Eric had gone home in the morning, leaving me with a few days to finish up a
10-day desert roadtrip. My plan was to tackle Giers Mtn and Peak 1,908ft, two
summits with 500ft+ of prominence in the Buckskin Mtns of Arizona near Parker.
I ended doing those and adding another in a 9mi loop, then a Jeeping tour
through the western part of the range. It was a sunup to sundown adventure with
plenty of driving to give my feet a break. I would end the day with eight
Arizona summits before heading back to California.
Giers Mtn - Peak 1,908ft - Peak 1,694ft
Adam Walker had posted a track to PB for Giers and Peak 1,908ft in 2019, what
looked like a nice out and back from SR95 to the north along the Colorado River.
I used his same parking spot along the highway and just
before 6:15a. I started up a wash system that I quickly found was part of
(the Lamb Springs Trail in Buckskin Mtn State Park, which
I only found out later, of course). I followed it for about half a mile
until it climbed out of the wash to head west. I turned left to continue
southeast and south, no sign of a trail anymore.
It was a pleasant hike in the cool shade of the early morning, occupying much of
the first hour. As I neared , Giers was basked in
sunshine on my right and I ascended the headwall of the wash system to climb
directly to the summit. The easier route goes around the
south side to ascend the SW Ridge, but I found the East Face a challenging
class 3 bit of fun that I enjoyed very much. The rock quality improved the
higher I went, fairly solid where and is most
appreciated. I reached by 7:30a, with a fine, clear view of
the Colorado River to . To rose the slightly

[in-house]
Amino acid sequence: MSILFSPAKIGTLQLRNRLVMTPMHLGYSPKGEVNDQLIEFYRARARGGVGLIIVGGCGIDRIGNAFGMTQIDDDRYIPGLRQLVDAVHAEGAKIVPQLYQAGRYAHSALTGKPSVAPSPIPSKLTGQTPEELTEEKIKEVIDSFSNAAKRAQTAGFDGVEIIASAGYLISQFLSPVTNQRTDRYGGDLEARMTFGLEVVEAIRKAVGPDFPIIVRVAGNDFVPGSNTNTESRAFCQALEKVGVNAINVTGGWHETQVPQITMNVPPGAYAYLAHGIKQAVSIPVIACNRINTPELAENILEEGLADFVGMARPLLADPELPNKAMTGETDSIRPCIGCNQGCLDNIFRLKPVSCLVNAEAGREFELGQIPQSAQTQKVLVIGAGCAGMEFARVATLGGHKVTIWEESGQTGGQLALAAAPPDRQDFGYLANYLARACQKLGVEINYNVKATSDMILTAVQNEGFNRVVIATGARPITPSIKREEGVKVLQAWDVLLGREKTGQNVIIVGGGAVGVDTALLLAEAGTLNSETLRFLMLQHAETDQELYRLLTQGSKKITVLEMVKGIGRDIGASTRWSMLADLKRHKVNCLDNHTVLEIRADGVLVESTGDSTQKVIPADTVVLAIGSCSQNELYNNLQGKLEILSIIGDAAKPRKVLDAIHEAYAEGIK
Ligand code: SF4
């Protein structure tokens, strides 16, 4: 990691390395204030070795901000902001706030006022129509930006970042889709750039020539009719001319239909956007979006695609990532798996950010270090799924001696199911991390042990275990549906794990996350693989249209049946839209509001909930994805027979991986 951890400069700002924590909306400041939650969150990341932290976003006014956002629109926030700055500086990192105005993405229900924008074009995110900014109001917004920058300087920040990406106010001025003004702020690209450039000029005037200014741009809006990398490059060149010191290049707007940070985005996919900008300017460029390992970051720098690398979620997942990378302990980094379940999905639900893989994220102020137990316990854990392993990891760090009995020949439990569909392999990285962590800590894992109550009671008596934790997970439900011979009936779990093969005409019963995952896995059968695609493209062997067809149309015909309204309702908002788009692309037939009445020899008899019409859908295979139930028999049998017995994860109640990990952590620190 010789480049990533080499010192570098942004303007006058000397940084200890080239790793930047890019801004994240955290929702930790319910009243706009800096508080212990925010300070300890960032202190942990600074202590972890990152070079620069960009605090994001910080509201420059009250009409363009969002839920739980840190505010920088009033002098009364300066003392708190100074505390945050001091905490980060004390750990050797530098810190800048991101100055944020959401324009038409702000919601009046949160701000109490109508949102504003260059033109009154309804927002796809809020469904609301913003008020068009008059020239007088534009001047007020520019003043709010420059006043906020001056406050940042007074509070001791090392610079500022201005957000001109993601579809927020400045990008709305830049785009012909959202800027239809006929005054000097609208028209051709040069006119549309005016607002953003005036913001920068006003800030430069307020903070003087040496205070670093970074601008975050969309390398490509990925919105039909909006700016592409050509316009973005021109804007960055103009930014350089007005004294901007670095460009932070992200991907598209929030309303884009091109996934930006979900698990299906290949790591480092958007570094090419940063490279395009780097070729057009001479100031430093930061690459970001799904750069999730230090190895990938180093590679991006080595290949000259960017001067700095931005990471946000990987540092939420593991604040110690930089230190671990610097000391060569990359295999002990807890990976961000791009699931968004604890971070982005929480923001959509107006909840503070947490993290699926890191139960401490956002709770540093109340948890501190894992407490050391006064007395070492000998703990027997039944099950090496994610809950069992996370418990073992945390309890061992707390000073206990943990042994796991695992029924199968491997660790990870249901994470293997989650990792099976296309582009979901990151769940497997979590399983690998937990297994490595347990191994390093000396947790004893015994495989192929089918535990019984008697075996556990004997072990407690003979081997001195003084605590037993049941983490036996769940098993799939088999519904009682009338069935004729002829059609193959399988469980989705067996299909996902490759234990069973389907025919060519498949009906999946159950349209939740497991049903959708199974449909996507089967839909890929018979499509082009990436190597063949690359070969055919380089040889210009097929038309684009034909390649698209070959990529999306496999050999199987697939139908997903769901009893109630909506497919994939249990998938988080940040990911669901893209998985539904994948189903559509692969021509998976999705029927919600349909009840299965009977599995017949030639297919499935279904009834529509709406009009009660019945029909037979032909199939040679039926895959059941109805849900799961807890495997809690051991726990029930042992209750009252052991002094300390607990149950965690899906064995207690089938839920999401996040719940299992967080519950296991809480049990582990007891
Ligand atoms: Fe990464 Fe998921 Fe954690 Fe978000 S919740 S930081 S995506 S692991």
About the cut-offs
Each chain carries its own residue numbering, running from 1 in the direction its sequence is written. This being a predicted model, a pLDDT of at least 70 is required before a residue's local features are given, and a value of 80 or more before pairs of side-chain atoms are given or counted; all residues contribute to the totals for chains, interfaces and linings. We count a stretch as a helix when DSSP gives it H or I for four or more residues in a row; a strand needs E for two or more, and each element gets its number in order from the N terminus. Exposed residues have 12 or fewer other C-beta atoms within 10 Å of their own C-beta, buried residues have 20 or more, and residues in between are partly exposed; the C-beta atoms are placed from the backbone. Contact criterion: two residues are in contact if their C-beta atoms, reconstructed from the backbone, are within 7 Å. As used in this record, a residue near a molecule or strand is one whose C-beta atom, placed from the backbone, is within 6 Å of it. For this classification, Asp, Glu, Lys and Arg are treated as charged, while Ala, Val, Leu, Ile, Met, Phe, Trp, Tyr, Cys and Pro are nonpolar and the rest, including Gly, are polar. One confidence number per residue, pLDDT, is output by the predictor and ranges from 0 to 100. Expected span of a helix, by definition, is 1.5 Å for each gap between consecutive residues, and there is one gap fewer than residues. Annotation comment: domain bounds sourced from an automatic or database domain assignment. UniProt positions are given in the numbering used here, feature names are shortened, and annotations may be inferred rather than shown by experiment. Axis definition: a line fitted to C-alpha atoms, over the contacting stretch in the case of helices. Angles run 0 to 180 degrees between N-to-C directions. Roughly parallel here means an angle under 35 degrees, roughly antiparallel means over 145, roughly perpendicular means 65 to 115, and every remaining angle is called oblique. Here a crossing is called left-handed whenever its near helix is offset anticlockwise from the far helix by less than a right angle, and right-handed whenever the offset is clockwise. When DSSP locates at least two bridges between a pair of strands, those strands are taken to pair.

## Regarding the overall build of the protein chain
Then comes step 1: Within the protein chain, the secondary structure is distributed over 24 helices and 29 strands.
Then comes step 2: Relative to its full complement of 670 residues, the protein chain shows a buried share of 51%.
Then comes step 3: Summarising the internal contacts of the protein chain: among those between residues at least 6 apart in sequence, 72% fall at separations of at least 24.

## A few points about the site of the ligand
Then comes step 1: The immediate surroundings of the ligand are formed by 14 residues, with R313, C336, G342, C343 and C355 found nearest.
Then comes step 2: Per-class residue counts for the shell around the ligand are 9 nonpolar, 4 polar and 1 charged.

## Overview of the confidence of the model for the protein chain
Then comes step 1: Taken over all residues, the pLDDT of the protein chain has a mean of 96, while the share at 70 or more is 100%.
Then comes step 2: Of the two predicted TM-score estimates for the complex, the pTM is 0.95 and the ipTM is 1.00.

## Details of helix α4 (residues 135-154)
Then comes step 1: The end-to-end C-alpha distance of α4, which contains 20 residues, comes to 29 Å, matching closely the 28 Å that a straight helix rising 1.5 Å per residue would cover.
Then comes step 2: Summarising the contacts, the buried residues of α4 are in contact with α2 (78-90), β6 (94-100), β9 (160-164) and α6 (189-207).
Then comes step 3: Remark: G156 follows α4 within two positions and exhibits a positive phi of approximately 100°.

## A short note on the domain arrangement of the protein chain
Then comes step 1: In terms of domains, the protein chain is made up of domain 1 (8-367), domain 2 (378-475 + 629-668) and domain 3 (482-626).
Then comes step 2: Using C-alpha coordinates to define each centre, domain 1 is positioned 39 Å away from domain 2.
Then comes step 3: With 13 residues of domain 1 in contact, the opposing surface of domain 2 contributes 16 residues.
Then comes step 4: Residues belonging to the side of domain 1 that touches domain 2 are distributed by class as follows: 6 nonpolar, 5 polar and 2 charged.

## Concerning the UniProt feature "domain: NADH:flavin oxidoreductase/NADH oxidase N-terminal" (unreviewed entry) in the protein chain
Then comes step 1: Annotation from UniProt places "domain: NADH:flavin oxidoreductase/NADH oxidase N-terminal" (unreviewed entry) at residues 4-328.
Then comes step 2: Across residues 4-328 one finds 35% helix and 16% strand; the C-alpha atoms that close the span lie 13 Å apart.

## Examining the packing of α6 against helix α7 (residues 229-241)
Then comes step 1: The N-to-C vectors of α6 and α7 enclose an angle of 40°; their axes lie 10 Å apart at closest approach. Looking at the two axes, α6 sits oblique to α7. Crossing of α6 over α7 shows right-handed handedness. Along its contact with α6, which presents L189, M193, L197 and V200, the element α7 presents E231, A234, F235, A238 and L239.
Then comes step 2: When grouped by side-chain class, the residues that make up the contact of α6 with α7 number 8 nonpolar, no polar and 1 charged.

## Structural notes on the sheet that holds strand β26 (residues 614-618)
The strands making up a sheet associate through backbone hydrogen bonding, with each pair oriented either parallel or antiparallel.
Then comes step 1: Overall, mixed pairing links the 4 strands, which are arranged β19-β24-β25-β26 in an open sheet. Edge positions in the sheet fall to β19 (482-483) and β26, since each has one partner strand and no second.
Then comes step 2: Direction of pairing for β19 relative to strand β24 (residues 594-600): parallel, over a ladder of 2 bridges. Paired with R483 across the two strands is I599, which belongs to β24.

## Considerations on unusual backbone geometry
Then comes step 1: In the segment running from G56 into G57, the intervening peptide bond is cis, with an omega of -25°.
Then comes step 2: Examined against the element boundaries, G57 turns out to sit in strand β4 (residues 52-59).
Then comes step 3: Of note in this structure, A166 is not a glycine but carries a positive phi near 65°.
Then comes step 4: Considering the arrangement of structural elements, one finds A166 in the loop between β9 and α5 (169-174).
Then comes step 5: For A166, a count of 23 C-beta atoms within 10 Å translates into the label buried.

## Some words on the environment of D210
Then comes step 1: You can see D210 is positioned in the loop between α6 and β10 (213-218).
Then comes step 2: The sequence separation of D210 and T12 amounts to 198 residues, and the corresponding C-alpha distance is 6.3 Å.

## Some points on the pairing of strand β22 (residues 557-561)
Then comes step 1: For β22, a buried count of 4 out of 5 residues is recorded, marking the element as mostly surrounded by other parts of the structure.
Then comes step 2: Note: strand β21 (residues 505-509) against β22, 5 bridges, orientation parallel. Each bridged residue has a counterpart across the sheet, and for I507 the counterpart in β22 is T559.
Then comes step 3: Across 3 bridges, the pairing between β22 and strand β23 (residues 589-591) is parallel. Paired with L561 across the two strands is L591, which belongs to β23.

1,908ft about a mile away. The route to get to it looked tame by comparison and
looked to make for a nice ramble. The register consisted of a collection of
loose sheets, the oldest dating . Adam and pal had been the
last ones the register.
For the descent, I chose to drop off , a similarly
challenging class 3 scramble, though the rock a bit less solid. This allowed me
to connect with to Peak 1,908ft directly. The traverse
between the two would occupy me for a second hour, a pleasant walk taking
advantage of that passed along the ridgeline, past
. Peak 1,908ft's summit was in the
latter, and I took some time to avoid getting any wayward needles in my boots.
I stayed below on its to make travel
easier, scrambling onto the ridge shortly before the summit. I reached
not long after 8:30a, finding a simple register left by Adam
. While sitting here, I noticed another summit,
about a mile to the south. I hadn't planned on this one ahead of time, but I was
having such a good time on the outing that it gave me a chance to extend it and
make a large loop. It would take most of a third hour to follow the
between the summits. A few very green
brightened the scene, with some barrel cacti adding shades of
Once at , I looked around for a way back, choosing a broad
wash system to the east that flows north to Giers Wash and the Colorado River.
In descending Peak 1,694ft I dropped southwest off the summit, a
for about 30ft or so, then down easier slopes to the
southeast and east. I passed over a low saddle into the head of
I would follow back to the highway. This was a pleasant
stroll with , some narrow sections for interest,
or two for diversion. Once in ,
I noted graffiti carved in places on - certainly I
was getting close to civilization. Another 10min found me in the vicinity of the
. I had been to this same neighborhood back in 2019
when I had climbed the nearby , a class 3 summit I had
stumbled upon while driving through the area. I finished the last half mile of
the outing walking the side of SR95, the least enjoyable part, but only taking
10min. By 11:40a I was to the Jeep.
The rest of the day was spent Jeeping the Back Way to the Desert Bar Trail,
starting only a few minutes from where I'd parked. The Desert Bar, aka the
Nellie E Saloon, lies near the apex of this scenic and challenging desert Jeep